Montenegro ethnic divisions mirrored in divisive media discourses

Divided media create parallel realities for different people and it is now not clear if there is a way for the citizens of Montenegro to overcome the divisions served by politicians through the media.

This post was initially published on Reporting Diversity 2.0

By Elvira Jukic-Mujkic

Hearing my two Montenegrin colleagues recently describe what they felt on September 5th – one describing mostly peaceful protest with cooperative police in Cetinje and the other one a terrifying panic over her impression that there is a violent chaos taking place as following the media and social networks from home – to me sounded like a perfect experiment of how media can shape the perception. But this was not the only example where one could see opposing versions of what happened around the enthronement of the Serbian Orthodox Church’s Joanikije II in the Montenegrin town of Cetinje monastery. Depending from where you tuned in, followed from or whether you participated in the Cetinje events earlier this month, it could seem as different events and places.

Days before the disputed enthronement and still continued, the media sphere was filled with different versions of what was to happen – one could gather both that Serbian extremists are taking over Montenegro and that the Montenegrin nationalists were trying a coup d’état. Accusations of extremism flew around on all sides as well as qualifications such as “hordes”, “terrorists”, “betrayal”, “fascization”, “occupation”. How to make sense of it?

The enthronement

People from several cities in Montenegro gathered in Cetinje to protest against the enthronement of the Metropolitan of Montenegro and the Littoral of the Serbian Orthodox Church seeing it as a way of still claiming Montenegro as part of Serbia, from which it separated in 2006. Protesters stood against denial of Montenegrin national identity and against claim of the country’s historical capital as place of enthronement for the Serbian Orthodox Church.

By blocking the roads that lead to the town, the protesters did not allow the Serbian patriarch and clergy from coming to the Cetinje monastery. Police used teargas to push back hundreds of protesters some of whom threw rocks at them and set tires on fire. Persistent for the enthronement to take place, backed by the Montenegrin government, the clergy arrived to the monastery by military helicopter. Under the protection of bodyguards and sniper blanket, the priests held the ceremony for Joanikije. Dozens were injured and arrested, including an advisor to the president and former police director.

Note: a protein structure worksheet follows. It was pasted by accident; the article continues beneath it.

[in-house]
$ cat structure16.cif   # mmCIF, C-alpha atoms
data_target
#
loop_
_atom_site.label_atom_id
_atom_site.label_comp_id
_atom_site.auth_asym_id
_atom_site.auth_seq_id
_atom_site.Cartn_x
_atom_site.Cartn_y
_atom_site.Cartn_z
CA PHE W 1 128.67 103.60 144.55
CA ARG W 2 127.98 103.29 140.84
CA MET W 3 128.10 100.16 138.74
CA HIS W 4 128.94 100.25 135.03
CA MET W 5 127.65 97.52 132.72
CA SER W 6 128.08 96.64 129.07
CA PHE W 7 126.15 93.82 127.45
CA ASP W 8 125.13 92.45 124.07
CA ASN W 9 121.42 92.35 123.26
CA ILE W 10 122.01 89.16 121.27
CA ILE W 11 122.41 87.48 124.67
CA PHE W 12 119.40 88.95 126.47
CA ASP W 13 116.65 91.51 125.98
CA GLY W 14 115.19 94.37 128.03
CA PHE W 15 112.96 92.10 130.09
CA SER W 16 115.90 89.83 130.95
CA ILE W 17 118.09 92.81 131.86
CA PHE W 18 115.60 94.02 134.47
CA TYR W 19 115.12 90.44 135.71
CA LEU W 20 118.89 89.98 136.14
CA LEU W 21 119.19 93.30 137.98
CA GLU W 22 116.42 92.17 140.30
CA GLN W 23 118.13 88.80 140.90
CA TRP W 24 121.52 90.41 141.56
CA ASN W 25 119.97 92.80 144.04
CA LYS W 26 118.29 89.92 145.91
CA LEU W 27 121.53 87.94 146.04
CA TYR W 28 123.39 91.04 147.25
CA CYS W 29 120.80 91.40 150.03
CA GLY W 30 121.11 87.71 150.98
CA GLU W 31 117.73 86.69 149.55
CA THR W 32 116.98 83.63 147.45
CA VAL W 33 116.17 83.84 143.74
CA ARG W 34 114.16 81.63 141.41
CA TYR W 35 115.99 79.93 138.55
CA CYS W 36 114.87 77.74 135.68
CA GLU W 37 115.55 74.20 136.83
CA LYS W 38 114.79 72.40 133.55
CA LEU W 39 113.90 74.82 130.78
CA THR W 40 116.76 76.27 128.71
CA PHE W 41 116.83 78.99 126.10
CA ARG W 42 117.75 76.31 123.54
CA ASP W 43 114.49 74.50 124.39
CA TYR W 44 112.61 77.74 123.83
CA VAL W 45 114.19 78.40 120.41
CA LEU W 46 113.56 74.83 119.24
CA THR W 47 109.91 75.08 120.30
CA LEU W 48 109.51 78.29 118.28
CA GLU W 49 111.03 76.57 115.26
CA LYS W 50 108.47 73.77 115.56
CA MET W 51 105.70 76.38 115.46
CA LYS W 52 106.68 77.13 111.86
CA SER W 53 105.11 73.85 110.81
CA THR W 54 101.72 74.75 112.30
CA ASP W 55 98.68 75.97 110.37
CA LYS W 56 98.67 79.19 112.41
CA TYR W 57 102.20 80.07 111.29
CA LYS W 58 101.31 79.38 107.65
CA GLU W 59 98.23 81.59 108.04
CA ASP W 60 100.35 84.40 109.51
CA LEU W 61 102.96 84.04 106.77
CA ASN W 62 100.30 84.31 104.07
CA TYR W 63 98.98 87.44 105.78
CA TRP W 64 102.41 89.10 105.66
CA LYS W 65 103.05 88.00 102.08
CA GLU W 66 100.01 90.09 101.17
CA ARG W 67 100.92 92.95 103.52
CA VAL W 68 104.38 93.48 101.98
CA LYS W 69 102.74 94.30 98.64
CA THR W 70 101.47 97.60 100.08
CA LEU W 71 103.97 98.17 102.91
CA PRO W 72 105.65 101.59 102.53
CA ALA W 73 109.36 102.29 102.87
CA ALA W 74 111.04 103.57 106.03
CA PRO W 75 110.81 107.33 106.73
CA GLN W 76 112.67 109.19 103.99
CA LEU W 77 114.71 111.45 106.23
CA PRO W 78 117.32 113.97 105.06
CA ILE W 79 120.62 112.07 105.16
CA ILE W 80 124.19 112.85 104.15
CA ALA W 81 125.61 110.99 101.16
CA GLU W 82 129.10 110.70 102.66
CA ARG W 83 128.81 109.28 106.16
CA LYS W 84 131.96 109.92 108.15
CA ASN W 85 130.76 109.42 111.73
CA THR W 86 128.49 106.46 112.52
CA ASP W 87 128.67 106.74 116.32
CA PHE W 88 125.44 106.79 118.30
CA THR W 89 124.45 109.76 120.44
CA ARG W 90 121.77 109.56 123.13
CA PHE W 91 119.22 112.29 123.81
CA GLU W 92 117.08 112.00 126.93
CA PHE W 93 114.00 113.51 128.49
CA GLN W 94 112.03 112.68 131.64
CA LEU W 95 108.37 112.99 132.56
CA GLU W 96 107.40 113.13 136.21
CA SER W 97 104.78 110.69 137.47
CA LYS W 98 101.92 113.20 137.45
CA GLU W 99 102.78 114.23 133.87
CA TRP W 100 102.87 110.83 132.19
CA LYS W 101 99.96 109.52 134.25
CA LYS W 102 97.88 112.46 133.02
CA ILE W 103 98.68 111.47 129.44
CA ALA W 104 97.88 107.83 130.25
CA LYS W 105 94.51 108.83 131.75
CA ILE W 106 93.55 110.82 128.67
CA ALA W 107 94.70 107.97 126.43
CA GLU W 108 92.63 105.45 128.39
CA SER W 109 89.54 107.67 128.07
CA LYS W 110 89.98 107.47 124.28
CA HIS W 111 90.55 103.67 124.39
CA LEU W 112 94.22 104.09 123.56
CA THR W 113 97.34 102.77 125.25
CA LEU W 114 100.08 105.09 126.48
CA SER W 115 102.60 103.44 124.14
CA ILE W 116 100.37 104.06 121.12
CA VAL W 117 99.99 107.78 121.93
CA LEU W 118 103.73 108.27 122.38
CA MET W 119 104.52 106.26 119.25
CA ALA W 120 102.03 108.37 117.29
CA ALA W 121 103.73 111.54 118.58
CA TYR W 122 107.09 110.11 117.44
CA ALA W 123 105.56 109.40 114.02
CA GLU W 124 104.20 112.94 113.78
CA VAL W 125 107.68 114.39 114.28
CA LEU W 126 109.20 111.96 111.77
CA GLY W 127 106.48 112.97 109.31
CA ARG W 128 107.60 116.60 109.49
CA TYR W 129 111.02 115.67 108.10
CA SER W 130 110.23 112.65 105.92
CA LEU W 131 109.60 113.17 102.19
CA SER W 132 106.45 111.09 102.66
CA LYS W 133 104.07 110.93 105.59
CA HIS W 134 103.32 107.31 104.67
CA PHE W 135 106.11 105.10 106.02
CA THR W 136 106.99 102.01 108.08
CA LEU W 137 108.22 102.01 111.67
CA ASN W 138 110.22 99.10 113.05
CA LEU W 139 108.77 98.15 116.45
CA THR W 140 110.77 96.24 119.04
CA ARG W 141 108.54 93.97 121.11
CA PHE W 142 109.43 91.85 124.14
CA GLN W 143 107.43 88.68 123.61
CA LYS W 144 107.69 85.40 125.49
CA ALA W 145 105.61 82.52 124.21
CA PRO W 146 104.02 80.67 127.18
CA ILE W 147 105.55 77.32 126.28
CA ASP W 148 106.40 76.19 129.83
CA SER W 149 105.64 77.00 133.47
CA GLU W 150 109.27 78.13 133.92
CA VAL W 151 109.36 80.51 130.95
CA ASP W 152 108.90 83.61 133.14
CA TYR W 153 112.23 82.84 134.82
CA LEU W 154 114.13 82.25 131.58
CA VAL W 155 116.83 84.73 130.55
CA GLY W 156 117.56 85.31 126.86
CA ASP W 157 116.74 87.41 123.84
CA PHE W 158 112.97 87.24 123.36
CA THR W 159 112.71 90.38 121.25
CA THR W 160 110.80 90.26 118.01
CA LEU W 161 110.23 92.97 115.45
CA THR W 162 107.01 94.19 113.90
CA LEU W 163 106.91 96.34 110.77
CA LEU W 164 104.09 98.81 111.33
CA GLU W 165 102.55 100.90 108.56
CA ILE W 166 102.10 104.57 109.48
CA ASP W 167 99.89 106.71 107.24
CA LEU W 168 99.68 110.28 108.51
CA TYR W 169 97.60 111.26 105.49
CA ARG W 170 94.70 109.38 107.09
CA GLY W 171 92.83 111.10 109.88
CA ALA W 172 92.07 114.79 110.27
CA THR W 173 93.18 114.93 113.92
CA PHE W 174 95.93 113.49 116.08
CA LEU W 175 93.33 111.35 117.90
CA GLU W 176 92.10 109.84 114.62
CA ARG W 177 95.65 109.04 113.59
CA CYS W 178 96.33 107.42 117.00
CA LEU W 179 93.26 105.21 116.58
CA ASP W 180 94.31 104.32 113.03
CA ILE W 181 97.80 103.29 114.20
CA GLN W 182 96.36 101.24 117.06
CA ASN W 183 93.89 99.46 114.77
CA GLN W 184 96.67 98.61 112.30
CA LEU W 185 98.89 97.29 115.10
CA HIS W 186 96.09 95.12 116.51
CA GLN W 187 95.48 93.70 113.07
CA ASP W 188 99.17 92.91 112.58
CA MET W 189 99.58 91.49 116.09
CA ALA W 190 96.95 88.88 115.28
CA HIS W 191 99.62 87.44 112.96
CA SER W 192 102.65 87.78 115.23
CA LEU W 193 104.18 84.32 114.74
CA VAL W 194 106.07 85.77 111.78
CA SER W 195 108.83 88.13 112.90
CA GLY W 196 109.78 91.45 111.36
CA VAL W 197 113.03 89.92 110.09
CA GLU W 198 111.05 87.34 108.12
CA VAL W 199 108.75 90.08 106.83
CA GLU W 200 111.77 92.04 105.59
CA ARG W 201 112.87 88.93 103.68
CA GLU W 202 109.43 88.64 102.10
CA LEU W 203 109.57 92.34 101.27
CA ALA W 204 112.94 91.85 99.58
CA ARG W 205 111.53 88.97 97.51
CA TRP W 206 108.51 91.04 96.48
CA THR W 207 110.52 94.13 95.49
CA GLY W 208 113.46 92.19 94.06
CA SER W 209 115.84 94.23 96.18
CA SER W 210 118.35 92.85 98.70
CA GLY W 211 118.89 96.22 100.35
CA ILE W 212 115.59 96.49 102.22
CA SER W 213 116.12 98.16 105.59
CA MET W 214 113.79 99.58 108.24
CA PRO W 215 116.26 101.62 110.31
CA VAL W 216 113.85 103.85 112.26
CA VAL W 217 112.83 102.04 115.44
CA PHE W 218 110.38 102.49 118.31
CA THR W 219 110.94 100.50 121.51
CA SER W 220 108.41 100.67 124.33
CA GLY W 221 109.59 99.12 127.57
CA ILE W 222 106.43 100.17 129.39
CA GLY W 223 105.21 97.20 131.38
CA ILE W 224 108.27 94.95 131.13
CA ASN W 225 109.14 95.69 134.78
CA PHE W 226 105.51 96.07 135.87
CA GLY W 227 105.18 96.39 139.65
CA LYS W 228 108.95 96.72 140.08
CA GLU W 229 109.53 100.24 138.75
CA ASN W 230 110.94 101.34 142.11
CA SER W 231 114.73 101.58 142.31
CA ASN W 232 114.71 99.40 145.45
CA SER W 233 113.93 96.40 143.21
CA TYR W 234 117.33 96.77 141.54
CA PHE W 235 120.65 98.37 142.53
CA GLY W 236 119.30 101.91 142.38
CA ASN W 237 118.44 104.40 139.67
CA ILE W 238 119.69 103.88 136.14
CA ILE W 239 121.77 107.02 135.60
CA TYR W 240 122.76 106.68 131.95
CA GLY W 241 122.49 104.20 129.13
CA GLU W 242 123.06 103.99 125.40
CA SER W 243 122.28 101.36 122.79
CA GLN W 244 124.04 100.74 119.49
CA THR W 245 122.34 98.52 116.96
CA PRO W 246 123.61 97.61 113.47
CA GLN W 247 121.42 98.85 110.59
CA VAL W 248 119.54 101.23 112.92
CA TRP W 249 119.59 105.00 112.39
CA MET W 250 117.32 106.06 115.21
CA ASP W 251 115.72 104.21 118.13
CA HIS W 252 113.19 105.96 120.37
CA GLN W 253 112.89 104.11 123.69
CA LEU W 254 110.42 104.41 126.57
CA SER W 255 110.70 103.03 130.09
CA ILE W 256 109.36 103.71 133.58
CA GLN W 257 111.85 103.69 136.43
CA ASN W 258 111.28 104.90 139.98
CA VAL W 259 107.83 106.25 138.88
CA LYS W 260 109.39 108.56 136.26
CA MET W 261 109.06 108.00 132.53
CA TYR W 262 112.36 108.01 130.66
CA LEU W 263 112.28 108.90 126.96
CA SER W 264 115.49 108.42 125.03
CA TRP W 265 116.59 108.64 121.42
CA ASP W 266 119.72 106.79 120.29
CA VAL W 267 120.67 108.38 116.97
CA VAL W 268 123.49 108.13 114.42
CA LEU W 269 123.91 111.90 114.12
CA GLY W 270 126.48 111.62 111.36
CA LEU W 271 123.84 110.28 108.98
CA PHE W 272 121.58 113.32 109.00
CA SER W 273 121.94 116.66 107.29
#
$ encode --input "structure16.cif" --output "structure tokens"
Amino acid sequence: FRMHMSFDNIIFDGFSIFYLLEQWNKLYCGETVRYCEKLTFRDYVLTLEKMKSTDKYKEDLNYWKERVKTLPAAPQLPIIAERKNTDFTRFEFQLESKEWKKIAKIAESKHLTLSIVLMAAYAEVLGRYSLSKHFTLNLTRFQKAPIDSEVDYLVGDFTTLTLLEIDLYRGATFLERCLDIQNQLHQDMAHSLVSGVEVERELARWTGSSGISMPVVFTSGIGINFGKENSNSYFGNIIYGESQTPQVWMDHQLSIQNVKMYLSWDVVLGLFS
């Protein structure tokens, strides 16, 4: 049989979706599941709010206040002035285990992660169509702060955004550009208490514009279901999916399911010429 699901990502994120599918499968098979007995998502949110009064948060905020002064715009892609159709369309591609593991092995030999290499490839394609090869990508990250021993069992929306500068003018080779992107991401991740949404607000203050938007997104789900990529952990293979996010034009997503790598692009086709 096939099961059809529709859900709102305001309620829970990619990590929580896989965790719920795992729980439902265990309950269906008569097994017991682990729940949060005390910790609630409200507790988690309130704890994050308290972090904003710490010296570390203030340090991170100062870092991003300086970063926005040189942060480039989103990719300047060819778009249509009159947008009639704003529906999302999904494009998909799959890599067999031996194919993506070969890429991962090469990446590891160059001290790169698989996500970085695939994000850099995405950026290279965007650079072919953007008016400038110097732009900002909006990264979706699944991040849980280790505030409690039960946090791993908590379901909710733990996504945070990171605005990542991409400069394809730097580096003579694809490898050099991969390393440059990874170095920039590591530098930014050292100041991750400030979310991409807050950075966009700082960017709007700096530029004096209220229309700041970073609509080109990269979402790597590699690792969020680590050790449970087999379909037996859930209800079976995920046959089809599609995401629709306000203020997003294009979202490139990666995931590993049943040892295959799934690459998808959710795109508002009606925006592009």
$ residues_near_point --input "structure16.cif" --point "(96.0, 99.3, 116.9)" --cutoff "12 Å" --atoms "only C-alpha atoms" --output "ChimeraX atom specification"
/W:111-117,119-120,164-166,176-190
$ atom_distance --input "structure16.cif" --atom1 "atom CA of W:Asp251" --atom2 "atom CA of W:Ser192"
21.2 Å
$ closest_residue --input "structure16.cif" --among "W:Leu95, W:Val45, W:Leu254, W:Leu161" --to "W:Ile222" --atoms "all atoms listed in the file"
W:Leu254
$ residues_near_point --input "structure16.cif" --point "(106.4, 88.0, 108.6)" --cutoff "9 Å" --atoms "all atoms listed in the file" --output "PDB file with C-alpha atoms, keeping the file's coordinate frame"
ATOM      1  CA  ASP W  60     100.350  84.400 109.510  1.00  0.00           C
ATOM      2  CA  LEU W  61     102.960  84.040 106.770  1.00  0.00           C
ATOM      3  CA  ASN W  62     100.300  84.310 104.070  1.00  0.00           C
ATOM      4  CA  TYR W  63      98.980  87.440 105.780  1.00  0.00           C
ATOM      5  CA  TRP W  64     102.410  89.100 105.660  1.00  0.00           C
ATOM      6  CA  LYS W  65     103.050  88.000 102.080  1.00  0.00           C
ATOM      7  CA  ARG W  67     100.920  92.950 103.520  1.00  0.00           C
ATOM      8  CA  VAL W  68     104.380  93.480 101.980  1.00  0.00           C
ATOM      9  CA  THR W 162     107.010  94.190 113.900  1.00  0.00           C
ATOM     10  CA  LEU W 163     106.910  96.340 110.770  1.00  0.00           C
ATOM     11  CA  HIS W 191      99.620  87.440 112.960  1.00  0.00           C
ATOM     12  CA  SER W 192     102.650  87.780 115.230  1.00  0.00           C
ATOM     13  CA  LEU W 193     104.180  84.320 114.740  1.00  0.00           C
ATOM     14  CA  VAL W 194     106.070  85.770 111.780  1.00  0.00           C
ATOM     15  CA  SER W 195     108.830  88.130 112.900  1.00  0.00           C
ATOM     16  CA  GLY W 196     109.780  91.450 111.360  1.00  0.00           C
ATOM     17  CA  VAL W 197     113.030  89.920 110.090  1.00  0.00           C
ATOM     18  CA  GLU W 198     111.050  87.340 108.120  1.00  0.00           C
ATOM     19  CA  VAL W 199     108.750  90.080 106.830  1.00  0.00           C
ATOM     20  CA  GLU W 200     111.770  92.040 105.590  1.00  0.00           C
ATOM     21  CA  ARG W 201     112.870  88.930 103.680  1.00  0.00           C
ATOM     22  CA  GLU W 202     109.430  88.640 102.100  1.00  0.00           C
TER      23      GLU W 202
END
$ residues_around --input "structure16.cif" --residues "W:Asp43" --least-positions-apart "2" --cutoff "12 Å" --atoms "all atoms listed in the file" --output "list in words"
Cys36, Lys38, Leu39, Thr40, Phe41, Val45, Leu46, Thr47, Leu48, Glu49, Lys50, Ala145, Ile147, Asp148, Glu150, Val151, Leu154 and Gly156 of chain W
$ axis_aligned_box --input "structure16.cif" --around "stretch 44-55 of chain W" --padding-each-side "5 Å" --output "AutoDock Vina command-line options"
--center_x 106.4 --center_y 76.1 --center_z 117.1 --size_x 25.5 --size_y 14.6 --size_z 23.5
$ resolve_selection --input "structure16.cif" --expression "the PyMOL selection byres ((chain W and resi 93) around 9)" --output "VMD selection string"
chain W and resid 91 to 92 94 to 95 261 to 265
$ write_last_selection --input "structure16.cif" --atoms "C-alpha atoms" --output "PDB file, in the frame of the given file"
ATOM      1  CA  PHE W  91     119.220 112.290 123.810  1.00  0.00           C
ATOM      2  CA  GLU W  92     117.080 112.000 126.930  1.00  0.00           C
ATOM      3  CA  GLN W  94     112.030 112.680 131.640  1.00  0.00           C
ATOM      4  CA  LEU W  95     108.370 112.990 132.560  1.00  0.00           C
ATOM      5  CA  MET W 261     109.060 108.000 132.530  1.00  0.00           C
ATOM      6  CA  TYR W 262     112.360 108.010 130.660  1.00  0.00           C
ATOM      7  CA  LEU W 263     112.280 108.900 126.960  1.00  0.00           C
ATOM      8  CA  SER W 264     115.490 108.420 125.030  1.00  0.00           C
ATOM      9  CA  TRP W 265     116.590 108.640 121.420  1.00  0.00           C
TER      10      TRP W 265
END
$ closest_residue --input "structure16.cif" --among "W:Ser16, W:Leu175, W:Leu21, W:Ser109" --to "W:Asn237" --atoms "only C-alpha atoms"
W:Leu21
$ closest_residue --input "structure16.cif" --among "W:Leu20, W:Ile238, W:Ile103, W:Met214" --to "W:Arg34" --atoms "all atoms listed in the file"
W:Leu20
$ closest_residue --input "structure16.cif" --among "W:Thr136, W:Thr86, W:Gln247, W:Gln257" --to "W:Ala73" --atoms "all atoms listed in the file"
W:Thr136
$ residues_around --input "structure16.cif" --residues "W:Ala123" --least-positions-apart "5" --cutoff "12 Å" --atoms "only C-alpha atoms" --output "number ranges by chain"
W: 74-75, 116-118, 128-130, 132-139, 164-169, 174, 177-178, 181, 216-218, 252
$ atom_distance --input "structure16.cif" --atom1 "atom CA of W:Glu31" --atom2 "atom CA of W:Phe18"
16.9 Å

While the current prime minister Zdravko Krivokapic helped and welcomed the event, the country’s president and virtual ruler of Montenegro of three decades Milo Djukanovic saw it as a way of still present or a renewed influence of Serbia and Russia. More and more visible in the recent years, the two ethnic blocs, Serbian and Montenegrin, set out to be the basis of deep divisions in the country of about 600,000 people, about three quarters of whom are Orthodox Christians. After years of Djukanovic’s party dominance, from last year the ruling coalition in Montenegro is headed by Krivokapic and the government seen as leaning towards Serbia. Meanwhile, the disputed Freedom of Religion Law raised questions over the ownership of properties of religious communities, as the initial law foresaw that the state of Montenegro would be registered as owner of any real estate or facility that did not have proof of ownership from before 1918 when this country was part of Kingdom of Serbs, Croats and Slovenes.

In the media

Despite the teargas, stone throwing and political and ethnic tensions, the protests of citizens holding Montenegrin flags sent a message of pride in their identity and struggle of political independence from Serbia. Meanwhile, the declared Serbs in Montenegro (about a third of population), their political representatives and the Serbian Orthodox Church made their mark with the enthronement of Joanikije. What remains is the divided Montenegrin society that many deem as shadowed by similar dark spirits as those from the ‘9o-ties that troubled the region. And similarly, the media seem to be politically instrumentalised for warmongering by not reflecting the reality but significantly influencing it.